Recognising And Dealing With Speed Addiction

Amphetamines have been taken by millions of people around the world and most are aware of the street term for this type of drug – speed. As with the vast majority of drugs, there can be a whole host of different reasons behind why an individual would decide to begin experimenting with speed. Its use has typically been associated with the dance and club scenes of recent decades as people look to dramatically increase their energy for the whole night. There have also been many other situations in day-to-day life in which users have taken speed to keep them alert.
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Some people get away with being able to take various drugs casually without ever truly sinking into the negative grip of addiction. For so many others however, the high that comes from speed and other substances quickly becomes something that their brain becomes accustomed to and does not want to be without. This is when addiction starts to take over and the laid-back habit that you started with descends into an all-consuming nightmare.

Class A and Class B speed
In the UK, speed is categorised as Class B, with the form that is made to be injected defined as Class A. If you are caught in possession of speed then you could face an unlimited fine and as much as five years in prison, whereas supplying others with the drug carries a possible sentence of 14 years. There are different types of amphetamines and possession of Class-A 4-methylamphetamine carries the threat of anything up to seven years in prison.

Terms to be aware of
Besides being commonly referred to as speed, amphetamines have a long list of alternative names including uppers, whizz, dexies, dominoes, rippers and base.

How does it affect the user?
Speed is taken to stimulate and it increases energy, as well as making people extremely alert and often excited. It is typical for users to want to continuously talk to people, as well as sometimes making them aggressive and increasing their blood pressure and heart rate. The pupils can dilate and it is not uncommon to hallucinate.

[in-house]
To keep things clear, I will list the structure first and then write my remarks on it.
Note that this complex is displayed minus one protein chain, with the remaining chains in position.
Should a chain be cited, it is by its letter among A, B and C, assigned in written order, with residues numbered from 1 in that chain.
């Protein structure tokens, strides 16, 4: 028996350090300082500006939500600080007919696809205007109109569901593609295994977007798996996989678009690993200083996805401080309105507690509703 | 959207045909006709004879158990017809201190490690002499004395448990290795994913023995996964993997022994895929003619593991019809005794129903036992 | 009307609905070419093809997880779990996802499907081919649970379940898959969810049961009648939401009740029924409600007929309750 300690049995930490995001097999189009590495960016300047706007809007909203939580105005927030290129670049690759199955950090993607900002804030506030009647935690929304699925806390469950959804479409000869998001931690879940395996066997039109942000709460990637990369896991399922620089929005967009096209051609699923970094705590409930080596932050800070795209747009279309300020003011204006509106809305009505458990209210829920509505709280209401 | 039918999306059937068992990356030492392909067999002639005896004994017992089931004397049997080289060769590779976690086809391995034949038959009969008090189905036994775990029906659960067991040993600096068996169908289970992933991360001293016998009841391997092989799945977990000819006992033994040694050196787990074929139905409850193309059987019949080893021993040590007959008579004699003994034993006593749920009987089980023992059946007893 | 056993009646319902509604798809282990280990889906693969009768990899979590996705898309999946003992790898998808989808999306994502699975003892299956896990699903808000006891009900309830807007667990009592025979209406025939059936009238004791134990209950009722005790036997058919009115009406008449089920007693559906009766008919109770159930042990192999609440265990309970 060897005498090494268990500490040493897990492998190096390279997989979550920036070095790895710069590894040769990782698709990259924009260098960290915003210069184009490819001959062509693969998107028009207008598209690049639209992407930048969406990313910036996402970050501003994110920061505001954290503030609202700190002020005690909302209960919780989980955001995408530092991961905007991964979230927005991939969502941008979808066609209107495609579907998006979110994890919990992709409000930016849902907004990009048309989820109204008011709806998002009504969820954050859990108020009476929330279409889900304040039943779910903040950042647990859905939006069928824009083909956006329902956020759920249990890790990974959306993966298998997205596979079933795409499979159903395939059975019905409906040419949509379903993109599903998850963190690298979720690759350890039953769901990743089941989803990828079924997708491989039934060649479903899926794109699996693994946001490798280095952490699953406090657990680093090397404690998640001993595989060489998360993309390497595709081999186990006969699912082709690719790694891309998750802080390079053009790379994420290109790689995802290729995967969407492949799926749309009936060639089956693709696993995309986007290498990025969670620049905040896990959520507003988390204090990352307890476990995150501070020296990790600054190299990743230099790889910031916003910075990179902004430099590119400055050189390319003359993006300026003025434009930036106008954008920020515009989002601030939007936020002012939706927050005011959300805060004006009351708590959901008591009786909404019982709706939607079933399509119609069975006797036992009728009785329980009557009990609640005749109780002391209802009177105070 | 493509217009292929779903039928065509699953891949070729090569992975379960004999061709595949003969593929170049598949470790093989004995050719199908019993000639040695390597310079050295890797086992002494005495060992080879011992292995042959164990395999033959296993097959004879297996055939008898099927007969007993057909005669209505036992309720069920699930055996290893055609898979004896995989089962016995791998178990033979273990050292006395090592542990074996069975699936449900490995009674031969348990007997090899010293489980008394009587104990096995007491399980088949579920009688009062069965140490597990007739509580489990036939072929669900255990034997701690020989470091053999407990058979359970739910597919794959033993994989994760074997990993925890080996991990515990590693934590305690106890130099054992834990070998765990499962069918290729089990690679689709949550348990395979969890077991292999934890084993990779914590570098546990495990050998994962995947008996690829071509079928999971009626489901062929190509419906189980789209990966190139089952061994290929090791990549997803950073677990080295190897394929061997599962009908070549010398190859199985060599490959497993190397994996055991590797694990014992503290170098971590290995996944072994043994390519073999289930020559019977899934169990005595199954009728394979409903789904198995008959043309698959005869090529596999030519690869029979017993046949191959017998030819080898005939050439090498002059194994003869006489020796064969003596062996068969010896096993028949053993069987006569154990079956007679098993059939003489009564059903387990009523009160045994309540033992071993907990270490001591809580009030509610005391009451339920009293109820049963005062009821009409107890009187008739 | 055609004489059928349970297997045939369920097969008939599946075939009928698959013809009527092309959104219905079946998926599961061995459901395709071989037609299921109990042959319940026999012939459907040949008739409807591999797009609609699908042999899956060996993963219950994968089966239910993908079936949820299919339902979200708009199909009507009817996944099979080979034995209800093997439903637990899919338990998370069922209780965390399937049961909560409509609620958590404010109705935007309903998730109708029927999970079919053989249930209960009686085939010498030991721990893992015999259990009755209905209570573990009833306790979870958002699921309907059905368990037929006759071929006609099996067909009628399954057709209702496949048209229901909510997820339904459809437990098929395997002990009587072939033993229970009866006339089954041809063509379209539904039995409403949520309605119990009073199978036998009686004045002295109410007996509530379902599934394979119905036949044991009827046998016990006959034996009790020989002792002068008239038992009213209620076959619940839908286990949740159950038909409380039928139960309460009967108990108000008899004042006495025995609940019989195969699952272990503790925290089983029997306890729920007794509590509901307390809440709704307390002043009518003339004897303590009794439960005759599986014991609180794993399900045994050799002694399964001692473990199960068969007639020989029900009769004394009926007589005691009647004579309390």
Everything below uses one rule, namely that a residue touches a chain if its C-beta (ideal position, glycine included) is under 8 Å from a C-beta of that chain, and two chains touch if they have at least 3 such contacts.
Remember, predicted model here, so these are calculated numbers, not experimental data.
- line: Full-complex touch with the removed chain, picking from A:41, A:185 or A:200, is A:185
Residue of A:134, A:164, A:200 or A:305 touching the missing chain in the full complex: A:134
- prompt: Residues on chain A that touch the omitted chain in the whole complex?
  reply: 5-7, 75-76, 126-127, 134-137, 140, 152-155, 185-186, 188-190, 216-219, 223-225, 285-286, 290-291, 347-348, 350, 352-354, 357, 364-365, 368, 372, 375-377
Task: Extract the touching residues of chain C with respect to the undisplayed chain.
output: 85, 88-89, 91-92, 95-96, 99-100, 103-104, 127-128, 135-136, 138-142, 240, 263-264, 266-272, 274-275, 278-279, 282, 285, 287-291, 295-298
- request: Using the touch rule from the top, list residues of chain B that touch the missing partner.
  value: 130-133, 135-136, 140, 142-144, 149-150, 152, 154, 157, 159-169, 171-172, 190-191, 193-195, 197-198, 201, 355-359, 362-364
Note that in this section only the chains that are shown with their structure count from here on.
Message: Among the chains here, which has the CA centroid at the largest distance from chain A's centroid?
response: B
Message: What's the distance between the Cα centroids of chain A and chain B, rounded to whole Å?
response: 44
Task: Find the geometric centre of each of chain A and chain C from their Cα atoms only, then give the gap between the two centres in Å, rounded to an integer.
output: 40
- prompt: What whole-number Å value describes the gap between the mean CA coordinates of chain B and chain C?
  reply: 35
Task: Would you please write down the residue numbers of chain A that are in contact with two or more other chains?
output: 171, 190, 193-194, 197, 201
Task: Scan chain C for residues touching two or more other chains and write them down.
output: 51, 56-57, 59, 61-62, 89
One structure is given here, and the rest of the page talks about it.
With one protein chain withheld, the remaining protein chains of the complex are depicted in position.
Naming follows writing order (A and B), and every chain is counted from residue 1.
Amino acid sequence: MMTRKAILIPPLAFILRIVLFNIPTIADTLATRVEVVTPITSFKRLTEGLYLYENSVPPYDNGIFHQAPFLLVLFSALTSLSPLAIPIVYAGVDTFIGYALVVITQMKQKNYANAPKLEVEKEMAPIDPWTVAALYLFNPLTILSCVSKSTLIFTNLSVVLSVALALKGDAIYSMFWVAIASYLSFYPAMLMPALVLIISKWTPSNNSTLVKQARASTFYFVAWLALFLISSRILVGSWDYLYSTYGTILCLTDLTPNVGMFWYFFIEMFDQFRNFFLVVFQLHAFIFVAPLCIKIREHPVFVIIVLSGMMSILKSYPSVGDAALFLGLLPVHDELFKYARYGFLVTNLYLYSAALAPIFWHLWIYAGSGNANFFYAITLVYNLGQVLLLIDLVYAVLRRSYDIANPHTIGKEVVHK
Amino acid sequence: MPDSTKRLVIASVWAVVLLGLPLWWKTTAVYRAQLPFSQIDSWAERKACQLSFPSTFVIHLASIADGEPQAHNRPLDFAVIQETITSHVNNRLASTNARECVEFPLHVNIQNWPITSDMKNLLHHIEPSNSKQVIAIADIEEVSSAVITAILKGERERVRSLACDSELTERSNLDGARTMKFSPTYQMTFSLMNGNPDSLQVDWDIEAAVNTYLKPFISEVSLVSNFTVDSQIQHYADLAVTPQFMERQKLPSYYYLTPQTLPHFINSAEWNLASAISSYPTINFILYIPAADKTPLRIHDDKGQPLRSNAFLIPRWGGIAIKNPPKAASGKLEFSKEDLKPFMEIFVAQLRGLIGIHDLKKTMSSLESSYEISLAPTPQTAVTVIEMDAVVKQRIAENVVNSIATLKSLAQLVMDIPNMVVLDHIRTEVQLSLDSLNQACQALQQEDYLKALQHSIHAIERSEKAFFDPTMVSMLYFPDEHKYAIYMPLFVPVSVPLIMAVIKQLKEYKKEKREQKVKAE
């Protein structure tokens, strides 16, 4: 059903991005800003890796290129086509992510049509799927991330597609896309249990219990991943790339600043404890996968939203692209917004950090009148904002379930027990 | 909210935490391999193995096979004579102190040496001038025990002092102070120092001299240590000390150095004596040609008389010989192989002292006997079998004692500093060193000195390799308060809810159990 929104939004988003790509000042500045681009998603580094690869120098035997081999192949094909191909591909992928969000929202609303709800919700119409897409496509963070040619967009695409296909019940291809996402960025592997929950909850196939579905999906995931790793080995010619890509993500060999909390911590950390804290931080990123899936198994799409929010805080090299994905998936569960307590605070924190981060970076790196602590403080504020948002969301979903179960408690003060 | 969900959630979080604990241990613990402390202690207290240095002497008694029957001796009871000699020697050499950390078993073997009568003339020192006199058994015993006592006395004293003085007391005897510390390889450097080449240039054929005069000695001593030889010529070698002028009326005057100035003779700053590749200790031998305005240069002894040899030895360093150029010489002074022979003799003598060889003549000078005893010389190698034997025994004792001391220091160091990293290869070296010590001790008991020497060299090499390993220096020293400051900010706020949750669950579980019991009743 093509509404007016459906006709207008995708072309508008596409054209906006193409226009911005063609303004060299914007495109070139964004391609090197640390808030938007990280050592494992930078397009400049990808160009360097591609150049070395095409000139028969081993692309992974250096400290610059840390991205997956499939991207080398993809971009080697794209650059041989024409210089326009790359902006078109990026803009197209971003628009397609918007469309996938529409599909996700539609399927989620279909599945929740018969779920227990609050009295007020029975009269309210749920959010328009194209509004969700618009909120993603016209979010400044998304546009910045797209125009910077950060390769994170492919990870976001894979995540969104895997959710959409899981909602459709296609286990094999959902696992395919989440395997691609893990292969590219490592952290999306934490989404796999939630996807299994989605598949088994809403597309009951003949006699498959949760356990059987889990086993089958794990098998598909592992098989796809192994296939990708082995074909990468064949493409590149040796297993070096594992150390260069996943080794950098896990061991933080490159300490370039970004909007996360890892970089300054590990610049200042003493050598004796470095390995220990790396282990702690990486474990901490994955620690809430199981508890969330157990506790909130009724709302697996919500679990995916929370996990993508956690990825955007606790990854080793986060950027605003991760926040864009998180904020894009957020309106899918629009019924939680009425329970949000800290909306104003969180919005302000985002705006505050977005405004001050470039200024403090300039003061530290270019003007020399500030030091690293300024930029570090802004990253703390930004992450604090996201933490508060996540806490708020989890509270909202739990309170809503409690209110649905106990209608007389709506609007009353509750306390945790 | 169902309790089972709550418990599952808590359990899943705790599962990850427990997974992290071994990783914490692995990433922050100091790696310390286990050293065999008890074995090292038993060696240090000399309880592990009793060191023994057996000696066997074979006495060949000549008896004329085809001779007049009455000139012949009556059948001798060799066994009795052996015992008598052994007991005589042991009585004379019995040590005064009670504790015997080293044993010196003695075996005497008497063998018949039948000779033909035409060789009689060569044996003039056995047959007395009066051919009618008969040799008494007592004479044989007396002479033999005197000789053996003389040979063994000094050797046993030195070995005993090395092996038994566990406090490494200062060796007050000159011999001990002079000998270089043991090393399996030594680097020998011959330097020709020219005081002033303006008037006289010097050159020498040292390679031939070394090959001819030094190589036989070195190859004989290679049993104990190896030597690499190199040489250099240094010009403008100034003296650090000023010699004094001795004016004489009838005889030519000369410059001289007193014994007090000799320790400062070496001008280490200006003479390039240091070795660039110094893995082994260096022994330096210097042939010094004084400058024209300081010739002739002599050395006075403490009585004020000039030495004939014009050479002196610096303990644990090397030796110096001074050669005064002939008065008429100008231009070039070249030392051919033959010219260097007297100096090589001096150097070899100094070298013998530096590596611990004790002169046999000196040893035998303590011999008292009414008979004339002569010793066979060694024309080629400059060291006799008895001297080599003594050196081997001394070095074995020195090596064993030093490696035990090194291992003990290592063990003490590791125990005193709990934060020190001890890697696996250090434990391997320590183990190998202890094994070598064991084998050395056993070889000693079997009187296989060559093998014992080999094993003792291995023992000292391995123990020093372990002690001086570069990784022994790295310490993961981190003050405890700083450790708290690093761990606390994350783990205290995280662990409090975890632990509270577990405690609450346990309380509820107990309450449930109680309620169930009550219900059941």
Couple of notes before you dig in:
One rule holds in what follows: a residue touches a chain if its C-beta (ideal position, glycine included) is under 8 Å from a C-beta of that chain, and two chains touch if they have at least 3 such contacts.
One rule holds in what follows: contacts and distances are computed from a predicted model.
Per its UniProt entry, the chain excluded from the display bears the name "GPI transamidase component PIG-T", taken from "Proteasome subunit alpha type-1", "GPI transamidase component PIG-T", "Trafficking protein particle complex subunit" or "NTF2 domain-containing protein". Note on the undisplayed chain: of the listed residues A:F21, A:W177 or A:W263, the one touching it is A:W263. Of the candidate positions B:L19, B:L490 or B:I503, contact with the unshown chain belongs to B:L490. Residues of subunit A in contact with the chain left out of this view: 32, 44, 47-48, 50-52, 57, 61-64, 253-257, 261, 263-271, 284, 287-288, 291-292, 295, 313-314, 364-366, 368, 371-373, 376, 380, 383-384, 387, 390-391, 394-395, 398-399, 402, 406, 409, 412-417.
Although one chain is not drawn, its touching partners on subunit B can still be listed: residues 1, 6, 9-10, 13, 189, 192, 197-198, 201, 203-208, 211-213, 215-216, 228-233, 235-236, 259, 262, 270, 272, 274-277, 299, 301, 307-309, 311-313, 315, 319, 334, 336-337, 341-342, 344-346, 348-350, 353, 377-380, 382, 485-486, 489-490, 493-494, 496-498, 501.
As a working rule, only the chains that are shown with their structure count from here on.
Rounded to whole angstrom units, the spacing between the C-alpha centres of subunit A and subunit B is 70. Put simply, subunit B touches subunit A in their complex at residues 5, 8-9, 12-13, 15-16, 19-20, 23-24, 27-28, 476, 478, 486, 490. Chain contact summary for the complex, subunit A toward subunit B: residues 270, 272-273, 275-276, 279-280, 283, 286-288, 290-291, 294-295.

The dosage can strongly stipulate the extent of the effects and sweating, a dry mouth, headaches and blurred vision have been associated with the more substantial doses. If continuing to take speed over time the decrease in appetite it causes can have an extremely detrimental impact.

Dealing with the addiction
When you have become dependent on a drug it is a very tough task to reverse this. Attempting to overcome addiction to speed can lead to strong feelings of nausea as well as mood swings, dehydration and considerable headaches. Whether deciding to get help for yourself or someone close to you it is important to recognise the issue as soon as possible as opposed to letting it reach its lowest point.

Professionals will provide the course of treatment they feel is most appropriate for the individual and this could mean gradually withdrawing the drug rather than all at once. If you recognise a problem with speed use then do not hesitate to act.
Ryan Stewart
About the Author:

Ryan Stewart has worked with people suffering from addiction and he recommends the care provided by

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